What happened in the base metals space this week? Here's a round up of the top...
Cobre Panama, located near the Atlantic coast of Panama, is projected to produce 380,000 tonnes of...
The company says its leadership has given the green light for a feasibility study for a...
Myanmar Metals has successfully boosted the indicated mineral resource estimate for its majority owned Bawdwin joint...
The decline represents a 41-percent fall in profit off the back of lower commodities prices, though...
Ascendant says it now has a measured and indicated resource across two zones of 7.8 million...
The company says it will not restart operations at the nearby concentrator for up to five...
While precious metals like gold and silver tend to get the most attention from investors, they’re not the only options out there. Investing in base metals can also be a profitable endeavour for those interested in an arena that is a little different.
But what exactly are base metals? Generally they are more abundant in nature than precious metals, meaning that they are priced much more cheaply. They tend to be used for commercial and industrial purposes, and oxidize or corrode relatively easily when they are exposed to air or moisture. Copper is one of the most common base metals.
All base metals are affected by diverse factors, though in some cases the markets for different base metals are linked. Having a grasp of those factors and of the ways the various base metals interact with each other is essential for investors wanting to gain exposure to the space. With that in mind, we’ve put together a brief overview of a number of different base metals and how to invest in them.
Investing in base metals: Copper
Copper is perhaps the best-known base metal, and it’s not hard to see why. It has a wide range of applications, and is used in everything from wiring and plumbing to coinage and electronics. Indeed, copper is so widely used that it’s considered a valuable indicator for health of the global economy — some people even refer to the red metal as “Dr. Copper.”
The 2017 outlook for copper is uncertain, but some analysts are calling for a market deficit for the first time in six years. No significant new sources of the metal are expected to come online in the near term, and Q1 stoppages at the world’s two largest copper mines have limited output of the metal. That said, the copper price has not reacted as strongly to those and other factors as some have hoped.
Copper is relatively easy to invest in. Those interested in gaining exposure to the metal can invest in copper futures, copper exchange-traded funds (ETFs) and of course copper stocks. Many major miners are involved in the copper space, but those interested in smaller copper companies also have a slew of options. As with many metals, the key is to do enough research before jumping in.
Investing in base metals: Zinc and lead
While copper is one of the most popular base metals, zinc has definitely been getting some attention in 2017. It was the best-performing LME metal in 2016, and while the zinc price hasn’t performed as well so far this year, many experts remain optimistic about its prospects. Their positivity largely stems from supply-side factors — over the last several years a number of large zinc mines have closed, and the consensus is that not enough new mines have come online to replace that output.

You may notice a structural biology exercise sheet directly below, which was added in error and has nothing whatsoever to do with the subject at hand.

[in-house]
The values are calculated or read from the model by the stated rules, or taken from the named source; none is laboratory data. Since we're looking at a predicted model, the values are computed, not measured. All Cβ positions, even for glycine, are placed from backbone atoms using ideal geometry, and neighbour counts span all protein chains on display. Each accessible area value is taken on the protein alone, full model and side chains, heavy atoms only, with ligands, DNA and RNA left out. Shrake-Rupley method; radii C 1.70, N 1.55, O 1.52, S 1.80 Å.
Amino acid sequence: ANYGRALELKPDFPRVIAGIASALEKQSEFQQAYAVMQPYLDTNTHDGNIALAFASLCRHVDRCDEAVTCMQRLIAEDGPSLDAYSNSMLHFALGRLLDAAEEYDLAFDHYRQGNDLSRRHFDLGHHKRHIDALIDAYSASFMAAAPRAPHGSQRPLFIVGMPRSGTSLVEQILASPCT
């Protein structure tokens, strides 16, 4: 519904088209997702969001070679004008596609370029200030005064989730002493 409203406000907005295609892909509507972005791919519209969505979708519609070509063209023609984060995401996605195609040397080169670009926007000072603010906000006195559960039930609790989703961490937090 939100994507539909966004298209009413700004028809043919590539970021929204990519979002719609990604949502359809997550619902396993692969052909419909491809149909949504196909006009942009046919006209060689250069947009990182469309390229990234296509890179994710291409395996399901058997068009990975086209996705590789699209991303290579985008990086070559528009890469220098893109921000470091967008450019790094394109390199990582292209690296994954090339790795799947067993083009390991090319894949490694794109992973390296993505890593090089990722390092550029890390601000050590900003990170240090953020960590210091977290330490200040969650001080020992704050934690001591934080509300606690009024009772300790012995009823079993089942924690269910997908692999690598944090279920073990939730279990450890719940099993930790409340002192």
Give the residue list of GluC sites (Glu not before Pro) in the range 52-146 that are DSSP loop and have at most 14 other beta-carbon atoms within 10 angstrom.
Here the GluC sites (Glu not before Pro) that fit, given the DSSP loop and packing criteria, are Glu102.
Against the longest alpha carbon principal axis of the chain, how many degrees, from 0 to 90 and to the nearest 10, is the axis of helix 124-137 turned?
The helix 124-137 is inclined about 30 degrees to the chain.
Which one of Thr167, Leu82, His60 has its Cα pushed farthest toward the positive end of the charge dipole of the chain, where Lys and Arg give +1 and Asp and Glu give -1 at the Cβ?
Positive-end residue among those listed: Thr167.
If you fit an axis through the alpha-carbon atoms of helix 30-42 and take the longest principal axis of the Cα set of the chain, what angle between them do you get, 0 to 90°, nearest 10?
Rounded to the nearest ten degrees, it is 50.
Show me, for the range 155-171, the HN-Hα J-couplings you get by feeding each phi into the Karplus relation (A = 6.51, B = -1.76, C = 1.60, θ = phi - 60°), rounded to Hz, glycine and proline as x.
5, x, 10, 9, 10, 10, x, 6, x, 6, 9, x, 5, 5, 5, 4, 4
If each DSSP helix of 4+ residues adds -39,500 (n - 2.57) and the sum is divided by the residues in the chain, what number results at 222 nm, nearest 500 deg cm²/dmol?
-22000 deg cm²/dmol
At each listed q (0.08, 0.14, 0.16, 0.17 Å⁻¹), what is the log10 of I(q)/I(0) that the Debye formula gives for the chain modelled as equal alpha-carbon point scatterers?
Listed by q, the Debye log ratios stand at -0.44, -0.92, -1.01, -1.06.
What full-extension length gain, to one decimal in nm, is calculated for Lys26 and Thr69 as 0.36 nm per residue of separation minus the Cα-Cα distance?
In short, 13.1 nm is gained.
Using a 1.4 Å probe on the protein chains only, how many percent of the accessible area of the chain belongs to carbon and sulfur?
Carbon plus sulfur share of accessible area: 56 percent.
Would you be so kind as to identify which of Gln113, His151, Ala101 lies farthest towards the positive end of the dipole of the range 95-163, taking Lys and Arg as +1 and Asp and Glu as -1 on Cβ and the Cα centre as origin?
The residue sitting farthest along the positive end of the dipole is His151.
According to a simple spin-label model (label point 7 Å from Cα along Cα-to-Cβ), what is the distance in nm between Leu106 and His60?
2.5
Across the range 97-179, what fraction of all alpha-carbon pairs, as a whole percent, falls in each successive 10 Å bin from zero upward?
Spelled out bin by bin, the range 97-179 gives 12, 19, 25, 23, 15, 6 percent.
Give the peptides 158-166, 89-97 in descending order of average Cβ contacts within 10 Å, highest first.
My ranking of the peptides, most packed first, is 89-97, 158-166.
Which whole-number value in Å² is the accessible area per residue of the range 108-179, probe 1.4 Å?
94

Any discussion of zinc would be incomplete without a mention of lead. While they have different uses, they tend to be found together, often in conjunction with copper. For that reason, zinc market activity can affect lead market activity (and vice versa). That can sometimes cause problems, but at the moment both metals are performing relatively well.
As with copper, those looking to invest in zinc and lead can also look at futures, exchange-traded products like ETFs or stocks. Since the metals are often mined in conjunction with each other or with copper, it is difficult to find pure-play zinc and lead companies.
Investing in base metals: Other options
Iron ore and nickel are two final base metals that investors may want to consider. Both are essential in the world today, but are currently getting less attention than copper and zinc. Iron ore in particular has been suffering lately — it’s a key component of steel, and its price has been falling in conjunction with dropping Chinese steel prices. Other factors, such high iron ore inventories in Chinese ports, have also weighed on the metal.
The nickel price is faring better — in fact, as of mid-April 2017 it was up about 20 percent year-on-year. However, its movement was choppy in Q1, and while some believe a price rise is coming, others think that choppiness will continue until new price drivers emerge.
Nevertheless, some investors still believe that both of these metals could present opportunities for investors. After all, those who get in early during down markets can sometimes see incredible profits later on. Again, the key of course is to be informed and do adequate due diligence.
This description was last updated on April 22, 2017.